Develop good visual habits,
like staying alert and aware of your surroundings. Keep an eye out for trees, shrubs, signs or buildings that may block your view. Watch for pedestrians and potential road hazards at all times. Continuously scan the road for potential hazards: Your attention span and concentration level is almost directly proportional to the amount that your eyes are moving. Constant eye movement will keep your attention level high.
Driving can often be monotonous, especially when traveling long distances, causing drivers to form the bad habit of staring at one particular thing up ahead, like the road or the bumper of the car immediately in front of them. Try not to develop a fixed stare; instead, look beyond the car or cars ahead of you. If something happens up ahead, you want to see t he event happen. The brake lights of the car immediately ahead of you alone do not make a good enough early warning system—Staying alert and aware of your surroundings at all times helps you avoid problems down the road.
You should never make assumptions about other driver’s intentions—Doing so could lead to a collision. For example, let’s say that you are attempting to turn left and you see only one car approaching. The oncoming car has its signal lamp on; to indicate that it is going to turn right—Should you execute your turn? The best strategy is to wait and see if the oncoming car is actually going to turn. Sometimes another driver can have his signal lamp on and not even realize it. Once you see that the other driver is actually turning, then it is safe to proceed. In addition, don’t assume that another driver will obey traffic control devices such as stop lights or stop signs. Finally, never assume the right of way in any situation.
When your car starts to skid, it can be a very frightening experience.
On slippery or wet roads, skidding can cause you to lose control of your vehicle because of reduced traction. Keep in mind that if you get into a skid, you are not helpless—There are techniques you can do to pull yourself out of a skid, or avoid one altogether. With any type of skid, the most important thing to remember is to not panic and hit your brakes, or the skid will worsen. Also, you want to slowly take your foot off of the gas pedal. In addition, you need to respond quickly and accurately, and keep your vehicle’s front tires aligned with your intended path so that when you regain control you will be moving in the desired direction. In front wheel drive vehicles, slight acceleration when steering in the desired direction is recommended to help regain traction. Finally, your ability to remain calm and to concentrate on the necessary corrective measures tha t you need to take will greatly help your chances of pulling out of any skid.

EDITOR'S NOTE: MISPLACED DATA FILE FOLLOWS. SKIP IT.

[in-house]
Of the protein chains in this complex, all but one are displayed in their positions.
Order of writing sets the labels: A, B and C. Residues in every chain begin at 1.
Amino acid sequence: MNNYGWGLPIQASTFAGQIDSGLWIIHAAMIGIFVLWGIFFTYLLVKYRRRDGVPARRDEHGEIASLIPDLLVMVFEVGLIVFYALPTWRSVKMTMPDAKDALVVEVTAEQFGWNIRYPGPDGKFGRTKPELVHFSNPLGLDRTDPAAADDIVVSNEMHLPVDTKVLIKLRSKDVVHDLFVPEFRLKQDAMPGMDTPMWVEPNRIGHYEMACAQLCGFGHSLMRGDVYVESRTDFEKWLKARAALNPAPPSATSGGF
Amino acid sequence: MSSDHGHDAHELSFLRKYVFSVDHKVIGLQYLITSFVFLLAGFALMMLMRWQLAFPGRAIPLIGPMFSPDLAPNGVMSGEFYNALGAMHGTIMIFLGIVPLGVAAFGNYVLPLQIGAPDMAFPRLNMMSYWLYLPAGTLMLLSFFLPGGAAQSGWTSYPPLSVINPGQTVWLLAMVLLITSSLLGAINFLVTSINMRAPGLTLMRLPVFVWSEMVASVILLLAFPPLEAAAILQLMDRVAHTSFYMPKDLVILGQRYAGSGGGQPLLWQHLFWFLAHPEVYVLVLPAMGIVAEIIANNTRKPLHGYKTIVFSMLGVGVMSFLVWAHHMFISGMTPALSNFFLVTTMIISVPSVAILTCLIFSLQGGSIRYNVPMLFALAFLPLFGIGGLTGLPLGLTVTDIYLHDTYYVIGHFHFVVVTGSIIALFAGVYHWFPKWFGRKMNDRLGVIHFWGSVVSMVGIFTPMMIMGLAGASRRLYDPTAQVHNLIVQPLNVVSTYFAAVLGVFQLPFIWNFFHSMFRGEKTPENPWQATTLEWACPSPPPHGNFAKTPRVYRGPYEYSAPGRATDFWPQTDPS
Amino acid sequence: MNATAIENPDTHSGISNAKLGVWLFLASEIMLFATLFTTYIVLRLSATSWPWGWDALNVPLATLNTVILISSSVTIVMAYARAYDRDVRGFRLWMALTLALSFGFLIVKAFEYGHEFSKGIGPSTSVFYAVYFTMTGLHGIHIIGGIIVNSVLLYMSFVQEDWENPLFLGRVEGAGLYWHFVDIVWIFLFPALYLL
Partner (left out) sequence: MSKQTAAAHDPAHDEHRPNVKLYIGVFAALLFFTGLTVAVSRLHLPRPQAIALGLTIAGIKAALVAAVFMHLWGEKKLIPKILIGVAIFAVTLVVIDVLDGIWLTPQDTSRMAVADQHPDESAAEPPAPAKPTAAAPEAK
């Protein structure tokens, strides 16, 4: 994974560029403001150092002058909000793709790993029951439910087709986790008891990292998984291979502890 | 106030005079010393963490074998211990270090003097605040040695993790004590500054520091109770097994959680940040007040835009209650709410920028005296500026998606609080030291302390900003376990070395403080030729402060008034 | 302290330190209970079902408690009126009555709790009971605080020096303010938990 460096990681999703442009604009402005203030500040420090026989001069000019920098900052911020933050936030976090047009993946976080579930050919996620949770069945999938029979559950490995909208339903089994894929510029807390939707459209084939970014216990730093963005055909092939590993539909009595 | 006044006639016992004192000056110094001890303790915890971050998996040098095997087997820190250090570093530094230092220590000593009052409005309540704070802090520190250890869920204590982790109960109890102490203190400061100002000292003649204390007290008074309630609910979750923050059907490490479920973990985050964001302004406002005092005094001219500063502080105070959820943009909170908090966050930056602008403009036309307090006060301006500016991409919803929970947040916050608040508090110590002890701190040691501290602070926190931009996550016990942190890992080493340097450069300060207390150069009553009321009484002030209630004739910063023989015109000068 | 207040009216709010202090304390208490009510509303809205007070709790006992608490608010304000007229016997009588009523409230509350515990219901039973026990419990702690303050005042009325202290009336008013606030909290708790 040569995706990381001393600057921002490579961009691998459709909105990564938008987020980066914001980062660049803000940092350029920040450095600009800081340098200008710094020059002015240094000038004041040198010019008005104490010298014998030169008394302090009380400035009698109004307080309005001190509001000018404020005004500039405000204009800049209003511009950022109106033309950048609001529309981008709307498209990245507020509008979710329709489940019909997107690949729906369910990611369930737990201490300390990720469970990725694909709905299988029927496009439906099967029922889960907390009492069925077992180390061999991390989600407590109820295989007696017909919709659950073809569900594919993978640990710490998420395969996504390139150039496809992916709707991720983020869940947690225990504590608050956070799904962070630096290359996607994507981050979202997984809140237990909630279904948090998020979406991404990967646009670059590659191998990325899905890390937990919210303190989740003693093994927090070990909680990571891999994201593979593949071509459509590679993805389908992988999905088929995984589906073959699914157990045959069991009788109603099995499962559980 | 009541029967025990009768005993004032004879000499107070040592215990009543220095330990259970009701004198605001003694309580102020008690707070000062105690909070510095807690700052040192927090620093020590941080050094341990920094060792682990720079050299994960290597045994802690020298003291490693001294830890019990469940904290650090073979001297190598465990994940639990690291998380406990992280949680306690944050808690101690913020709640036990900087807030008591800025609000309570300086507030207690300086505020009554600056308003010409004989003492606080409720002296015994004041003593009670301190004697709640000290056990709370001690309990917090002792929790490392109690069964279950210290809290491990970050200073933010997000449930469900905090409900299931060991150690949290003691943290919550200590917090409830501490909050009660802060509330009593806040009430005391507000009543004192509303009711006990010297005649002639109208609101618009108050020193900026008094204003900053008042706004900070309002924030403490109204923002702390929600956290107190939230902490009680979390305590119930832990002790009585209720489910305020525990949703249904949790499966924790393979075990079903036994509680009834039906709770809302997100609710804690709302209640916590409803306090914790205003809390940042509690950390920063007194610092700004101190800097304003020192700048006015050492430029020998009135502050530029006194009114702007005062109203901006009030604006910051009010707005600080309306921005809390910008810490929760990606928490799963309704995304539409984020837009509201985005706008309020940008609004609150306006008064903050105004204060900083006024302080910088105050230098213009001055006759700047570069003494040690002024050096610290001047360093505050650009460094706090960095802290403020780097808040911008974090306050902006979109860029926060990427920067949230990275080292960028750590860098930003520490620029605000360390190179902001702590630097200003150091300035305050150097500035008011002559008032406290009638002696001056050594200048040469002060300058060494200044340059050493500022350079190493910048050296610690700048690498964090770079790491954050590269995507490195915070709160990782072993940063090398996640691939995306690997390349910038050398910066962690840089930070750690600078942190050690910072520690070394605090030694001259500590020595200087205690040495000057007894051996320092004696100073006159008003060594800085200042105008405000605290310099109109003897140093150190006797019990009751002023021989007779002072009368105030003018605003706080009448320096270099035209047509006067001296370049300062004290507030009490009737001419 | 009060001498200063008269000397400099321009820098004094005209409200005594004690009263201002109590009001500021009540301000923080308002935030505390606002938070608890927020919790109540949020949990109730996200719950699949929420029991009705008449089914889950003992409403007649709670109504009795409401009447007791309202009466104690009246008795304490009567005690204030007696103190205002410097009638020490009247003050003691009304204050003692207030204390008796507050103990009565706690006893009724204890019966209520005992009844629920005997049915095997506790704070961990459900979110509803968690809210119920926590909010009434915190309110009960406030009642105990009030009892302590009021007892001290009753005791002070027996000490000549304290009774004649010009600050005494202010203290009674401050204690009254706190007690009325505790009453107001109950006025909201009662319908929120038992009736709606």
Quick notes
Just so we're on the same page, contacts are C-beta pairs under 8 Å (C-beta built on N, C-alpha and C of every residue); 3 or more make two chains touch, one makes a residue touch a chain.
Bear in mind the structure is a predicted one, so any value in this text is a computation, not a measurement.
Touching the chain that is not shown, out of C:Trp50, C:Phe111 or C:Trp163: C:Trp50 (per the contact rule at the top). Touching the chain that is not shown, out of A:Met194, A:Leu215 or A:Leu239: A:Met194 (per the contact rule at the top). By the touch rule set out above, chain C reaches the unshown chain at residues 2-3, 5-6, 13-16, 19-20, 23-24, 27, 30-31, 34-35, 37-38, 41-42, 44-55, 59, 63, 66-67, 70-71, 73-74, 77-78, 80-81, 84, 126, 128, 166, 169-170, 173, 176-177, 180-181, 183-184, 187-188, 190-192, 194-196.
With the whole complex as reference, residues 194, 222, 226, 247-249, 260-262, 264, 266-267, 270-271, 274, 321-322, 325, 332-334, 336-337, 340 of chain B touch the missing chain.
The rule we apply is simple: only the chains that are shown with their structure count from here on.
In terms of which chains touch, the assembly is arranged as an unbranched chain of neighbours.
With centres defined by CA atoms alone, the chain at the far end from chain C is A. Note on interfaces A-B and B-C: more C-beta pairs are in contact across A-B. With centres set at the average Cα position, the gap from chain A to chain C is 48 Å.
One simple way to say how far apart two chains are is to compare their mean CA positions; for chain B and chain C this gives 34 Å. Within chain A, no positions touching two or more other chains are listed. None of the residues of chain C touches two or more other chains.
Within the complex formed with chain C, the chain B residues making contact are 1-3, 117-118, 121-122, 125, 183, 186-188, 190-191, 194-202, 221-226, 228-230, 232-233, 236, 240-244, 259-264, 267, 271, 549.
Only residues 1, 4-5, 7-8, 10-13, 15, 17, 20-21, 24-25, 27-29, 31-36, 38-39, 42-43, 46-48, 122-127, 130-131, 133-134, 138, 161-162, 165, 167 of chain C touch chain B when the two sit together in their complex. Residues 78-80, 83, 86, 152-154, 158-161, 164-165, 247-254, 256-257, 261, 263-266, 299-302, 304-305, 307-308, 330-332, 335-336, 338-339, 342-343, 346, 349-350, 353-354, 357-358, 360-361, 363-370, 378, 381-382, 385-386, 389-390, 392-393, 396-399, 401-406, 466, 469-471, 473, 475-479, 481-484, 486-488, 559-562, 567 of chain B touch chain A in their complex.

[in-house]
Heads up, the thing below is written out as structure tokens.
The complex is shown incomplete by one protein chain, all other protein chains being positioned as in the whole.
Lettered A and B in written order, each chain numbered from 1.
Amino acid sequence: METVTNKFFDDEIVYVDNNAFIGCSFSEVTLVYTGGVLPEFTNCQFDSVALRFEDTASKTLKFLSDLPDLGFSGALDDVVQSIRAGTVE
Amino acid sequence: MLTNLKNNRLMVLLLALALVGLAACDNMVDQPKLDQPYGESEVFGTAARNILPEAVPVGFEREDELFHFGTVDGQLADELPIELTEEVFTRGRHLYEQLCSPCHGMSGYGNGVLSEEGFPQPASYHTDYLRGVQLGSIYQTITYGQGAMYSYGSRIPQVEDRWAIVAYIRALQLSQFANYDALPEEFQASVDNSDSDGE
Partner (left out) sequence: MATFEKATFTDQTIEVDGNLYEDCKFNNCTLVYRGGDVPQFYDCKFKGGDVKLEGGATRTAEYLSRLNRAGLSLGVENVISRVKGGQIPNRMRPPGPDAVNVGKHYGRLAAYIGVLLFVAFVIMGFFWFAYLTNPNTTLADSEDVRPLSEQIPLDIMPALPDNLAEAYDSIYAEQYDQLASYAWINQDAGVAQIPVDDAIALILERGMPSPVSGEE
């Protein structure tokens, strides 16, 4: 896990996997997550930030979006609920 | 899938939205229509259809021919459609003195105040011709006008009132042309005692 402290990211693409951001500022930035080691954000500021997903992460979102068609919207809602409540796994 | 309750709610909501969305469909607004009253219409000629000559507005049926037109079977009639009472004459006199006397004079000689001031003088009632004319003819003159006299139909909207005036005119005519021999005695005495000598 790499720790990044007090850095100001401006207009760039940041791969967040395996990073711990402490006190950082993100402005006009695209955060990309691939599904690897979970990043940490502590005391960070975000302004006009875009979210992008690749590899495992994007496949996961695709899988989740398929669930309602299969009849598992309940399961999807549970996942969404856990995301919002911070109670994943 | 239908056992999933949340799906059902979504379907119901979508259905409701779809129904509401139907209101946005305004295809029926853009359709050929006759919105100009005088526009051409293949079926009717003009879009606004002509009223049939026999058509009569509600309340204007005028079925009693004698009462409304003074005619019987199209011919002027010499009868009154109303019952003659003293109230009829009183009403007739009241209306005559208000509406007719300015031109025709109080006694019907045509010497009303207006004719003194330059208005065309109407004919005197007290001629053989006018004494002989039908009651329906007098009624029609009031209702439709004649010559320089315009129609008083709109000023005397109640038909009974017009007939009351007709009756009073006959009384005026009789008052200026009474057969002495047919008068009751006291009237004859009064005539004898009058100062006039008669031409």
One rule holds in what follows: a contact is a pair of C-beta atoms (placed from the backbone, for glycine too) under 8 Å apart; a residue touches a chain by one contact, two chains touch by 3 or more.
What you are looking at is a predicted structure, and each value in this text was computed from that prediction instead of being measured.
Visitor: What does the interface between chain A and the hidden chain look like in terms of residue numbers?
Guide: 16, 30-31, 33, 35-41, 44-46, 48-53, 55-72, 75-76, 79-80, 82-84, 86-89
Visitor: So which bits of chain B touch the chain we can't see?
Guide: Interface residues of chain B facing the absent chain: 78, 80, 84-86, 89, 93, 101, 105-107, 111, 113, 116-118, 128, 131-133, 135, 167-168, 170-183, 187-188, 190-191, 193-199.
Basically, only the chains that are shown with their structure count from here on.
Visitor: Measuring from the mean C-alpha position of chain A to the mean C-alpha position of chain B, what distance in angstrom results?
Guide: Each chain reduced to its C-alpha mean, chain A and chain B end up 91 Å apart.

A commonly used method for allowing yourself proper following distance is the "Three- Second Rule”. Since it is difficult to visually estimate the distance in between your car and the car ahead of you, the idea is to use time instead to leave a cushion or space. If you three-second space cushion, you're giving yourself time to react and brake if something happens up ahead.
This is how to apply the Three-Second Rule: when the car or truck in front of you crosses a certain fixed object on the side of the road, (like a sign or tree) you should not cross that same point for three seconds. Just count "one thousand one, one thousand two, one thousand three." If you reach that fixed spot before you get to three, you are not leaving enough of a cushion.
One of the most important things you can do when driving is to leave yourself an ‘out’—That is, drive defensively to ensure that you don’t find yourself trapped in a hazardous traffic situation. An important thing to consider is that it is quicker to steer to avoid a collision than it is to stop at faster highway speeds. Therefore, the following situations are examples where it is especially important to leave yourself an ‘out’ in order to compensate for the possibility of not being able to stop in time:
- When Being Tailgated: If a driver is following too closely and you are forced to suddenly stop, you run the risk of being rear-ended. Therefore, it’s especially important to have an “escape path” to steer to in the event of an emergency.
- When Vision Is Blocked Or Visibility Poor: 18-wheelers or vans can block your view ahead. You will have less of a chance of seeing potential problems far ahead and therefore will be slow to react if the truck ahead suddenly stops. As a result, you need to ensure that you have an “out” or a space to steer to.
- When Speed Is Increased: The distance required to stop at faster highway speeds is increased; however as mentioned previously it’s quicker to steer than it is to stop at faster highway speeds.
- When Adverse Roadway Or Weather Conditions Exist: All adverse road conditions warrant the importance of having an escape route to the sides as a safety net for the loss of traction and increased braking distance.
- When following a Motorcycle: Keep in mind that a motorcyclist is more vulnerable to injury or death because they have less protection than a motorist. Always make sure to leave yourself an ‘out’ in case the motorcycle suddenly stops.
About the Author: Chris Kramer is a content writer for both TrafficSchool.com and Drivers Ed Direct. Check out our websites for more information about online traffic school or drivers education for teens.